Is cork a bad sandwich material.

Discussion in 'Fiberglass and Composite Boat Building' started by khaos, Feb 25, 2013.

  1. petereng
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    petereng Senior Member

    Graphite ligaments are not really a core but a microstructure. Obviously a core needs shear stiffness but it does not need or want flexural stiffness. I'm not talking about any industry segment. I'm talking about the physical requirements for a core in general. Skins are irrelevent to the conversation. What a lot of people do not know is that thick skins and thin cores do not work. There are rules to meet to make a good sandwich structure. ie the skins have to be very much stiffer in flexure then the core, the shear stiffness has to be adequate and other factors. If you look at the DIAB technical area they publish an excellent book on sandwich design. Many people describe timber, coremat and various things as sandwich cores but they are not, as they are too stiff in flexure so they contribute to the structures bending stiffness. If so they have bending stress in them and this has to be considered. A "core" only transmits the shear strain and therefore we can neglect calculating the bending stress in it. Also many people use a sandwich when a solid laminate would be better. A sandwich has problems with assymetrical loading in which the load only goes down one skin and leads to early failure. This typically happens in highly loaded boat panels across bulkheads. Sometimes called rolling shear failure. Sandwichs are only good in the through thickness direction to make a lighter structure. eg keeping water out of a boat. In aircraft structures sandwich does not always mean lighter!! as you have found out. Boats would have a lot less problems if they were solid in various spots as well. Cheers Peter s
     
  2. upchurchmr
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    upchurchmr Senior Member

    Petereng

    Call it what you want, the Graphite ligament microstructure was sold as and for the purpose of core.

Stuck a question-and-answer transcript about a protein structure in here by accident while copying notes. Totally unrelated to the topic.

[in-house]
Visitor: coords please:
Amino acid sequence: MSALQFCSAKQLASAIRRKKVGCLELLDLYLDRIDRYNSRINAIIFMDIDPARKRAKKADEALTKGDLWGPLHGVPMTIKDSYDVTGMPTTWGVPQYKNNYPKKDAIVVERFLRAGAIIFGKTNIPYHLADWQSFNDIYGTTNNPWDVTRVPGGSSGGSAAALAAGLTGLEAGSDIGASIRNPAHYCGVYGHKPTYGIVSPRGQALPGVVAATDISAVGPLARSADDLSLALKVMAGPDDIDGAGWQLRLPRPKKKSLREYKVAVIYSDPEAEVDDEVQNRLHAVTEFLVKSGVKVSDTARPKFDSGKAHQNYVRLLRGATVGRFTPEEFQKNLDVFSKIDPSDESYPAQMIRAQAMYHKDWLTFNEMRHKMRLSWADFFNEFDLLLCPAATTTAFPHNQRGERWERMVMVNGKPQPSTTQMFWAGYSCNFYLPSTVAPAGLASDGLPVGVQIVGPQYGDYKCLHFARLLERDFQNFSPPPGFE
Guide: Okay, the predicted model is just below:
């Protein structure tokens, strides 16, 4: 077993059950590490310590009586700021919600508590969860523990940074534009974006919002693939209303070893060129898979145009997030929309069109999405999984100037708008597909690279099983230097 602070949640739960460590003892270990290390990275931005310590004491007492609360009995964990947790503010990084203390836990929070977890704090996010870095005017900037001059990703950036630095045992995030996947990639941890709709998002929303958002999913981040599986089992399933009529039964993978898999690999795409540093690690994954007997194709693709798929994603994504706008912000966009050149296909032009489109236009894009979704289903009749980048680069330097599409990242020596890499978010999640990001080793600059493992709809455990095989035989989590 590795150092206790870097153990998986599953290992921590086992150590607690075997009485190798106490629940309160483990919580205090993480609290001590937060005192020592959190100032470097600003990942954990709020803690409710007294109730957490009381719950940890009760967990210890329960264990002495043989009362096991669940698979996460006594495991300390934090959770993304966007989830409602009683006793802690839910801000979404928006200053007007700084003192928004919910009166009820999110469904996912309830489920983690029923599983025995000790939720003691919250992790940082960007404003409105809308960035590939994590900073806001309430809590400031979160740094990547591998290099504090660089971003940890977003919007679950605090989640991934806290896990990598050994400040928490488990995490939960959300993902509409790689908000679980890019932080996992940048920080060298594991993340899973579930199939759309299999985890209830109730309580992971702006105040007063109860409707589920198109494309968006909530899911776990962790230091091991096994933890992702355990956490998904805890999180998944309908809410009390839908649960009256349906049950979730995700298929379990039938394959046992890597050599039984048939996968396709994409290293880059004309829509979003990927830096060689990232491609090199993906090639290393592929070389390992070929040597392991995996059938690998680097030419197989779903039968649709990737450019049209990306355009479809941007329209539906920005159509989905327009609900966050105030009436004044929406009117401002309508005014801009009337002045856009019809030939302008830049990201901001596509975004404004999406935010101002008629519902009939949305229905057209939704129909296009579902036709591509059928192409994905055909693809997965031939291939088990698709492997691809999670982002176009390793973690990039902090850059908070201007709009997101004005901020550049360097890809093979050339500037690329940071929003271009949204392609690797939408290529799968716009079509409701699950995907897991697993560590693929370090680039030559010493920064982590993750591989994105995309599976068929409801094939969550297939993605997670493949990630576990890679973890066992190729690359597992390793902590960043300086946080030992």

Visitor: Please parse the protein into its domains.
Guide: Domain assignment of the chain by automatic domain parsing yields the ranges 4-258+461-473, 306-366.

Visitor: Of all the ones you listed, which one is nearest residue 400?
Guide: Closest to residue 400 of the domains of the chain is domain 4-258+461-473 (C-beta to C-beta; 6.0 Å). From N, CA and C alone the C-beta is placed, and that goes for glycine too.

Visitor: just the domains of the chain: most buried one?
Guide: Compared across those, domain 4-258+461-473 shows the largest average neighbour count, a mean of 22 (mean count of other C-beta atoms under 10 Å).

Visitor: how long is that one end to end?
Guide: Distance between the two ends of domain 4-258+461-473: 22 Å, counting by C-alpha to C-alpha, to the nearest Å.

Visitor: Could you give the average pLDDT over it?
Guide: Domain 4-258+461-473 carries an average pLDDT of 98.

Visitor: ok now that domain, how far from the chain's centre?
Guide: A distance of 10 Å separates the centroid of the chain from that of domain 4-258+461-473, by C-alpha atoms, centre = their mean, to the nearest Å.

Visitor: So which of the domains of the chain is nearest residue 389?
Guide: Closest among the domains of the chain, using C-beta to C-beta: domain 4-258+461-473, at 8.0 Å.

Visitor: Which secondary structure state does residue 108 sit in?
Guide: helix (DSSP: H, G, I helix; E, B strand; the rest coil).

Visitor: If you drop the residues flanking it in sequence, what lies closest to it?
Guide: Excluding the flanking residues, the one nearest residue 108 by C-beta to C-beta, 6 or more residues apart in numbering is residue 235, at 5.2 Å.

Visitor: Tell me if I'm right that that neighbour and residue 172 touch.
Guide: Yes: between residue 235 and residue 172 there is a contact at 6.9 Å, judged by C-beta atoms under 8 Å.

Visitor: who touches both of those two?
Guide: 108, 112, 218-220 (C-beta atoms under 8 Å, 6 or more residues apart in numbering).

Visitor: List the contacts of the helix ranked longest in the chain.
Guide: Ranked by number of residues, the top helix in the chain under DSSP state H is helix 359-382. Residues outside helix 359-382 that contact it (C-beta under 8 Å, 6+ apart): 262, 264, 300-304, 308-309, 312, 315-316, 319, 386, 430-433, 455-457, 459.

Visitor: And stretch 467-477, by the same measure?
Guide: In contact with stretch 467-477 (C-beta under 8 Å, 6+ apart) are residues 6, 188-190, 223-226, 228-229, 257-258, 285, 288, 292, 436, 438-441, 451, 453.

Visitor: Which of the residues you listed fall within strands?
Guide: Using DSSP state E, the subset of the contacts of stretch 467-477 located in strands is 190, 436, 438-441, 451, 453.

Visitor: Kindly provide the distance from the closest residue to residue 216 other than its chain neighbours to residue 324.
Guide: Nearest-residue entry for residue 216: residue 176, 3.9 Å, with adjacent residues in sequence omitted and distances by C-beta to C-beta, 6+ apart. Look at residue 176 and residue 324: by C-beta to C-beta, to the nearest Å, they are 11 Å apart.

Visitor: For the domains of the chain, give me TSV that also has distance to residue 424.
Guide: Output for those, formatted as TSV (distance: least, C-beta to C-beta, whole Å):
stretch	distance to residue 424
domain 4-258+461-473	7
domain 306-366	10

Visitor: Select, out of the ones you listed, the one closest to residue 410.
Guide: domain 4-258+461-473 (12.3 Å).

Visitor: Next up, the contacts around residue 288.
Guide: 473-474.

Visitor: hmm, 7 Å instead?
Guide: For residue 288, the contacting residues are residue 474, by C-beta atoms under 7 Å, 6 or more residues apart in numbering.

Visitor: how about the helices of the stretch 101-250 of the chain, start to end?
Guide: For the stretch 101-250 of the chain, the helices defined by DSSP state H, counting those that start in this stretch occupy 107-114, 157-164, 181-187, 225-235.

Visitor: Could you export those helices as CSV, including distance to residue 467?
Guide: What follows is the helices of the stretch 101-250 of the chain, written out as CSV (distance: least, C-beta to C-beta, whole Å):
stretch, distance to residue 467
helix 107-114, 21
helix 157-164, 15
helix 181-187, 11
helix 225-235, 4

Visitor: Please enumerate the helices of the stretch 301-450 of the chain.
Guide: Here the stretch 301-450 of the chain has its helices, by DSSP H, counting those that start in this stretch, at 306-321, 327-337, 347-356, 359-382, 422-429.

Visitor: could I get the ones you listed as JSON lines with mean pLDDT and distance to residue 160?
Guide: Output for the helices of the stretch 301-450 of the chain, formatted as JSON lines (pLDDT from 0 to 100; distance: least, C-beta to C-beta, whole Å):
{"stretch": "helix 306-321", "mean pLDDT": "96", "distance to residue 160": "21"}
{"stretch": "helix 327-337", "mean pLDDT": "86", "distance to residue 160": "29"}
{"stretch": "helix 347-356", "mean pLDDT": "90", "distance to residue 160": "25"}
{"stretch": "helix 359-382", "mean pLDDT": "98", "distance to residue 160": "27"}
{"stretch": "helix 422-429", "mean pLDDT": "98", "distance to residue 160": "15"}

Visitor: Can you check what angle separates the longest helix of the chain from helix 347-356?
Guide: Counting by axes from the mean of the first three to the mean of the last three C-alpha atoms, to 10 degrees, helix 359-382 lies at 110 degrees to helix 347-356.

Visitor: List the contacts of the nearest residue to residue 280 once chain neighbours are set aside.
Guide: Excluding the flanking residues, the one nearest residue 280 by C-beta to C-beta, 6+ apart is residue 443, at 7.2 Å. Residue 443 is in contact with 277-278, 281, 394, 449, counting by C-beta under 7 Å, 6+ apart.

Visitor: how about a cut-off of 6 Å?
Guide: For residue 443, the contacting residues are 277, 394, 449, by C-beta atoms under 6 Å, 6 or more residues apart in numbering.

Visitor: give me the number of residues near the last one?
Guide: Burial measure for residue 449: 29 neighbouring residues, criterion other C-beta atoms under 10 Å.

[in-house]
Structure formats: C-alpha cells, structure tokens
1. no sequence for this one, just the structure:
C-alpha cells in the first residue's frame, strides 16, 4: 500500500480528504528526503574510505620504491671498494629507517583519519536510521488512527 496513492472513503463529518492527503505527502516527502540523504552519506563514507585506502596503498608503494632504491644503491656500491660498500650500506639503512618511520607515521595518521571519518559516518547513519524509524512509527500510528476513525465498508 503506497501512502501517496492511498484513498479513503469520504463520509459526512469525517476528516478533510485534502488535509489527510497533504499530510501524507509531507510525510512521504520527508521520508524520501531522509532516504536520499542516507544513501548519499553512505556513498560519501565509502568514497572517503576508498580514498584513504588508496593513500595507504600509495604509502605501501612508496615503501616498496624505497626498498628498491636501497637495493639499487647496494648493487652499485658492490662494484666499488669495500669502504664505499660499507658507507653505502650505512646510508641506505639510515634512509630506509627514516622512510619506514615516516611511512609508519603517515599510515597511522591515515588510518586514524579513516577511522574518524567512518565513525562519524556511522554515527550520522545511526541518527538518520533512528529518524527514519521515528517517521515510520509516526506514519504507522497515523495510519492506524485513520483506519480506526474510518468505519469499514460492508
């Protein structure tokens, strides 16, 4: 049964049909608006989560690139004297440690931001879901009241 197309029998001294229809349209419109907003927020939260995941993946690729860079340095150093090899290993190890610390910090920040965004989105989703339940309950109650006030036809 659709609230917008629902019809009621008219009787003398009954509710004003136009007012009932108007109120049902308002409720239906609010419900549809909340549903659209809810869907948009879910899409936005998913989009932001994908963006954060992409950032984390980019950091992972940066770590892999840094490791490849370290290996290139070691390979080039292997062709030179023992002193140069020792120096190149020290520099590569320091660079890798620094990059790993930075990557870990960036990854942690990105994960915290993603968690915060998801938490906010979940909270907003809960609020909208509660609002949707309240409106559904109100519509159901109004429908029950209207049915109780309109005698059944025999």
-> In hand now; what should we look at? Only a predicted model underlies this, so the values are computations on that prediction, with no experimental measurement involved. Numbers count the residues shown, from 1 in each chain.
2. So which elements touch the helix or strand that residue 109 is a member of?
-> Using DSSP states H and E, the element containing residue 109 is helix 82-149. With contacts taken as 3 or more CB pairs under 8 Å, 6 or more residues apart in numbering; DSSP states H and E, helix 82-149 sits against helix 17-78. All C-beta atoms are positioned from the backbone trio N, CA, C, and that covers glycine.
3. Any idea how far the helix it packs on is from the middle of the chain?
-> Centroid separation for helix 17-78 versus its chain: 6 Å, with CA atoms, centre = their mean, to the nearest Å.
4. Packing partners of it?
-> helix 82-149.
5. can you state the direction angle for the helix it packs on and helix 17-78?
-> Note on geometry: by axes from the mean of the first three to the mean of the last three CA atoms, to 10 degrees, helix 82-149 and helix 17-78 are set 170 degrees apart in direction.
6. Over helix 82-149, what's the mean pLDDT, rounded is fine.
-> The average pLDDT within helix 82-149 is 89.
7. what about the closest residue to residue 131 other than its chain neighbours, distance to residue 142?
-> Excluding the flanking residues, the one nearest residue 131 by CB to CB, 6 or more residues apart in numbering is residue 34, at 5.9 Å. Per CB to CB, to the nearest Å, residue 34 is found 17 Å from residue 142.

Of course thick skins and thin cores work. Not for minimum deflection. They are specifically used for maximum impact resistance.

    I have a friend at work who always wants to make up his own definitions of technical words. Usually to restrict the meaning to something he understands.

    Several high quality analysts told me that foam sandwich would not work as a core in a 2'x2' edge supported panel. It would fail in walking loads (200# man on one heel) because the shear strength was so low (they were only use to working with aluminum and fiberglass core). It took 4 guys of 250# without failing. They were only use to using materials which had similar modulus. What they failed to consider was that the significant difference in skin stiffness to core stiffness caused the shear load to spread over a much larger area than the 3" diameter heel size.
    Of course in Aluminum core, the material and foil size allowed the use of extremely thin skins which did not significantly spread the shear area, so for that specialized case they were right.

    There are so many statements you just made that directly contradict standard practice at work that I'm going to quit.

    "Sandwichs are only good in the through thickness direction to make a lighter structure" see the first paragraph above.

    Sandwich structure can be made of anything you want. Your narrow definition of Core does no one any good. Personally I like wheat bread and peanut butter.;)
     
  3. petereng
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    petereng Senior Member

    Hello Upchurchmr, this is not an easy subject and I've only been designing/working with composites for a short 35 years. I assure you I do not make up words and that my words are std lexicon. Sandwichs only improve the through thickness stiffness, they do not improve the in-plane properties. I'm not interested in a word war. The forum is "Is cork a bad sandwich material?" the answer is Yes if you use a proper cork core material in a proper way. The answer is also, No if you use a product designed for flooring and you stick it in a space shuttle. These sort of things need to be discussed in a very tight technical way if it is to all make sense :) Peter
     
  4. rxcomposite
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    rxcomposite Senior Member

    I tend to agree with Peter because what he is saying is based on engineering principles. The other members are also correct based on the application of engineering principles. Without digging into formulas, this can be easily demonstrated. It is all about load bearing.

    Let us call the horizontal center of the core as the neutral axis. This is where it receives the most shear. The more the core bends, the more shear it receives as the upper plane and the lower plane travels in opposite directions.

    To demonstrate, take your narrow cork sandwich and support it at both ends. Alongside place a piece of lightweight rectangular wood say about 1” x 2”. Lay it on its side and support both ends. Place a weight in the middle of each specimen. Both will bend slightly due to weight. Now double the weight both will bend more.

    To reduce excessive bending there are three ways of doing it.
    First method, double the thickness of the cork core. For the wood, rotate it so that it is now lying vertically, on its short side. This is called transfer of moment of inertia where the face/skin is now of greater distance to the neutral axis.